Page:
The National Estuary Program/Coastal Waterways Programs works to restore the physical, chemical, and biological integrity of estuaries of national significance and coastal watersheds by protecting and restoring water quality, habitat, and living resources. The water quality and ecological integrity of estuarine and coastal areas is critical to the economic vitality of the United States. In FY 2016, the EPA will provide $16.8 million in Clean Water Act Section 320 grants for the 28 National Estuary Programs ($600,000 per NEP). This funding continues the EPA support for implementation of the NEP Comprehensive Conservation and Management Plans.
The Mobile Bay NEP recently completed a one million dollar project addressing serious erosion and sedimentation problems for Joe's Branch of the D'Olive Creek watershed. This project used funds from the State of Alabama, EPA Section 319 funds as well as EPA Section 320 NEP and local funds. The project was widely supported locally and has successfully addressed the degradation of this waterbody. This is one example of the type of projects that will be accomplished using the FY 2016 requested funds.
FOR IMMEDIATE RELEASE:
January 14, 2015
WASHINGTON -- Similar to previous years, in 2013, most of the toxic chemical waste managed at industrial facilities in the U.S. was not released into the environment, according to the U.S. Environmental Protection Agency's (EPA) annual Toxics Release Inventory (TRI) report. The report, published today, shows that approximately 22 billion pounds— or 84 percent— of the 26 billion pounds of toxic chemical waste were instead managed through the use of preferred practices such as recycling. Of the 4 billion pounds that were disposed of or otherwise released to the environment, 66 percent went to land, 19 percent to air, 5 percent to water, and 10 percent was transferred to other facilities.
From 2012 to 2013, the amount of toxic chemicals managed as waste by the nation's industrial facilities increased by 4 percent. This increase includes the amount of chemicals recycled, treated, and burned for energy recovery, as well as the amount disposed of or otherwise released into the environment. In TRI, a "release" generally refers to a chemical that is emitted to the air, water, or placed in some type of land disposal. Most of these releases are subject to a variety of regulatory requirements designed to limit human and environmental harm.
"We all have a right to know what toxic chemicals are being used and released into our environment, and what steps companies are taking to reduce their releases to the environment or, better yet, prevent waste from being generated in the first place.” said EPA Administrator Gina McCarthy. “The TRI Program tracks this information and makes it accessible to citizens and communities. And I'm pleased to see that TRI data show such a commitment to release reductions and pollution prevention on the part of many industrial facilities.”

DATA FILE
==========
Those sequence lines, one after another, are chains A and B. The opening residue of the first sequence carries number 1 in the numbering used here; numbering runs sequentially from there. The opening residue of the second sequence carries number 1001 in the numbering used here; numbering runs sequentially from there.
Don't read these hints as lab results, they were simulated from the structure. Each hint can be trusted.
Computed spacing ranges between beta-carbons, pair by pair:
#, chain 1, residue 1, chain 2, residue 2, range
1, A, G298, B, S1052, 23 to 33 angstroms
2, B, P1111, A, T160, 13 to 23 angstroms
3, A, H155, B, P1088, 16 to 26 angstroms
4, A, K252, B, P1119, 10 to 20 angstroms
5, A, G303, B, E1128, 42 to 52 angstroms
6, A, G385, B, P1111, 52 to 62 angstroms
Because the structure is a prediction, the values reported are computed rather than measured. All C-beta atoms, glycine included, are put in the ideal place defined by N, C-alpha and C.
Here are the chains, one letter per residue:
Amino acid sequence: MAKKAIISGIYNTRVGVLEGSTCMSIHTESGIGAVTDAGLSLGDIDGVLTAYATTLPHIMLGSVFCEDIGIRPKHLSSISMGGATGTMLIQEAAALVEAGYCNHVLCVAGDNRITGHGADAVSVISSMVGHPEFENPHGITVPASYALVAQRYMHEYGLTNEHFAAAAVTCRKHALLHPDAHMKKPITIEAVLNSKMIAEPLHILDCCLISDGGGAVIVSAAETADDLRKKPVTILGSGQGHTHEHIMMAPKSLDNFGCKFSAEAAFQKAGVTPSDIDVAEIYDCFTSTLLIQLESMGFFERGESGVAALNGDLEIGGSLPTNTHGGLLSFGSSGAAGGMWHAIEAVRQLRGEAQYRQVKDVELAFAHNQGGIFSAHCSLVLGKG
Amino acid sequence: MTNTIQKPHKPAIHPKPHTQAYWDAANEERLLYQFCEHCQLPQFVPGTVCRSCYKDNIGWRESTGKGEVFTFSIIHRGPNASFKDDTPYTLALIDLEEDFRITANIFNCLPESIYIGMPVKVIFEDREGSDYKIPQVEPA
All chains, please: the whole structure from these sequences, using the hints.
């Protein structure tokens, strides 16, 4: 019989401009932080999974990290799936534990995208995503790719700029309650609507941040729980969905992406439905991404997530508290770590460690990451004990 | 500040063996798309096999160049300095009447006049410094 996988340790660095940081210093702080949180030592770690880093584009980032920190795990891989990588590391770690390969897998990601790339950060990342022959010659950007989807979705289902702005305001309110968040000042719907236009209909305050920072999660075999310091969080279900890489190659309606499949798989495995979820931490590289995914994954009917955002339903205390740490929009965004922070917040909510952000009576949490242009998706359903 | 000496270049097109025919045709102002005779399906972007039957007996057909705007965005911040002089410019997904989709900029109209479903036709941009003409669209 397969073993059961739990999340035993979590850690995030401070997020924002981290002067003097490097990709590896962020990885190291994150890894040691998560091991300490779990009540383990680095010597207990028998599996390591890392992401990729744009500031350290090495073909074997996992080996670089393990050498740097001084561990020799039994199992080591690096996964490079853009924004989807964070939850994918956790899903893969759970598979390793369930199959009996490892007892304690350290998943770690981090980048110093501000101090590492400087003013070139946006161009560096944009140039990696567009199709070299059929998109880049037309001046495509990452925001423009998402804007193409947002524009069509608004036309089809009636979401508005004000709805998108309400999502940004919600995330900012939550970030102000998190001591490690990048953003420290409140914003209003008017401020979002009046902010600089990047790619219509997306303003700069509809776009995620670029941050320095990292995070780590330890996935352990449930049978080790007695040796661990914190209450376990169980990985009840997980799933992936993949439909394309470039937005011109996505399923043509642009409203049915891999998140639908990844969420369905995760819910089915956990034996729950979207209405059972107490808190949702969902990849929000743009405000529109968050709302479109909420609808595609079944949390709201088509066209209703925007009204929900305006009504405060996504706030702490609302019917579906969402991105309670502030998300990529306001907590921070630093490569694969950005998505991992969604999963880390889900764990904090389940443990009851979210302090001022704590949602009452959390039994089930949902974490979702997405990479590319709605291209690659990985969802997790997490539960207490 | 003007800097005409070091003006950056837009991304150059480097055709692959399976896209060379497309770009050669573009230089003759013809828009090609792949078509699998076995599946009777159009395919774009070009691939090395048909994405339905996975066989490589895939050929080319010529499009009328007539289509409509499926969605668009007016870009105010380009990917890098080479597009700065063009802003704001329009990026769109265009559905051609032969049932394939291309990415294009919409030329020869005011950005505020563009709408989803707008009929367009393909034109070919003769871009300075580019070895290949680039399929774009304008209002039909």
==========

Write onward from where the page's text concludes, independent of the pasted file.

TRI data is submitted annually to EPA, states, and tribes by facilities in industry sectors such as manufacturing, metal mining, electric utilities, and commercial hazardous waste. Under the Emergency Planning and Community Right-to-Know Act (EPCRA), facilities must report their toxic chemical releases for the prior year to EPA by July 1 of each year. The Pollution Prevention Act of 1990 also requires facilities to submit information on pollution prevention and other waste management activities related to TRI chemicals.
Over the past 10 years, total disposal or other releases to the environment have decreased 7 percent, despite a 15 percent increase from 2012 to 2013. The most recent increase was primarily due to increases in on-site land disposal from the metal mining sector, as has been the case in previous years. Metal mines typically handle large volumes of material. In this sector, a small change in the chemical composition of the deposit being mined can lead to big changes in the amount of toxic chemicals reported nationally.
Air releases from industrial facilities increased by 1 percent from 2012 to 2013, mainly due to increases from chemical manufacturing facilities and electric utilities that also experienced an increase in production. From 2012 to 2013, releases to water decreased by 2 percent, primarily due to decreases from the primary metals sector.
The TRI report is available in a new interactive, Web-based format that features analyses and interactive maps showing data at a state, county, city, and zip code level. In addition, information about industry efforts to reduce pollution is accessible through the expanded TRI Pollution Prevention (P2) Search Tool, where the public can now identify P2 successes and compare environmental performance among facilities and companies that provide data to the TRI program.
To access the 2013 TRI National Analysis report, including long-term trends and localized analyses, visit http://www.epa.gov/tri/nationalanalysis
. More information on facility efforts to reduce toxic chemical releases, including the new P2 parent company comparison report, is available at http://www.epa.gov/tri/p2
Rachel Deitz (News Media Only)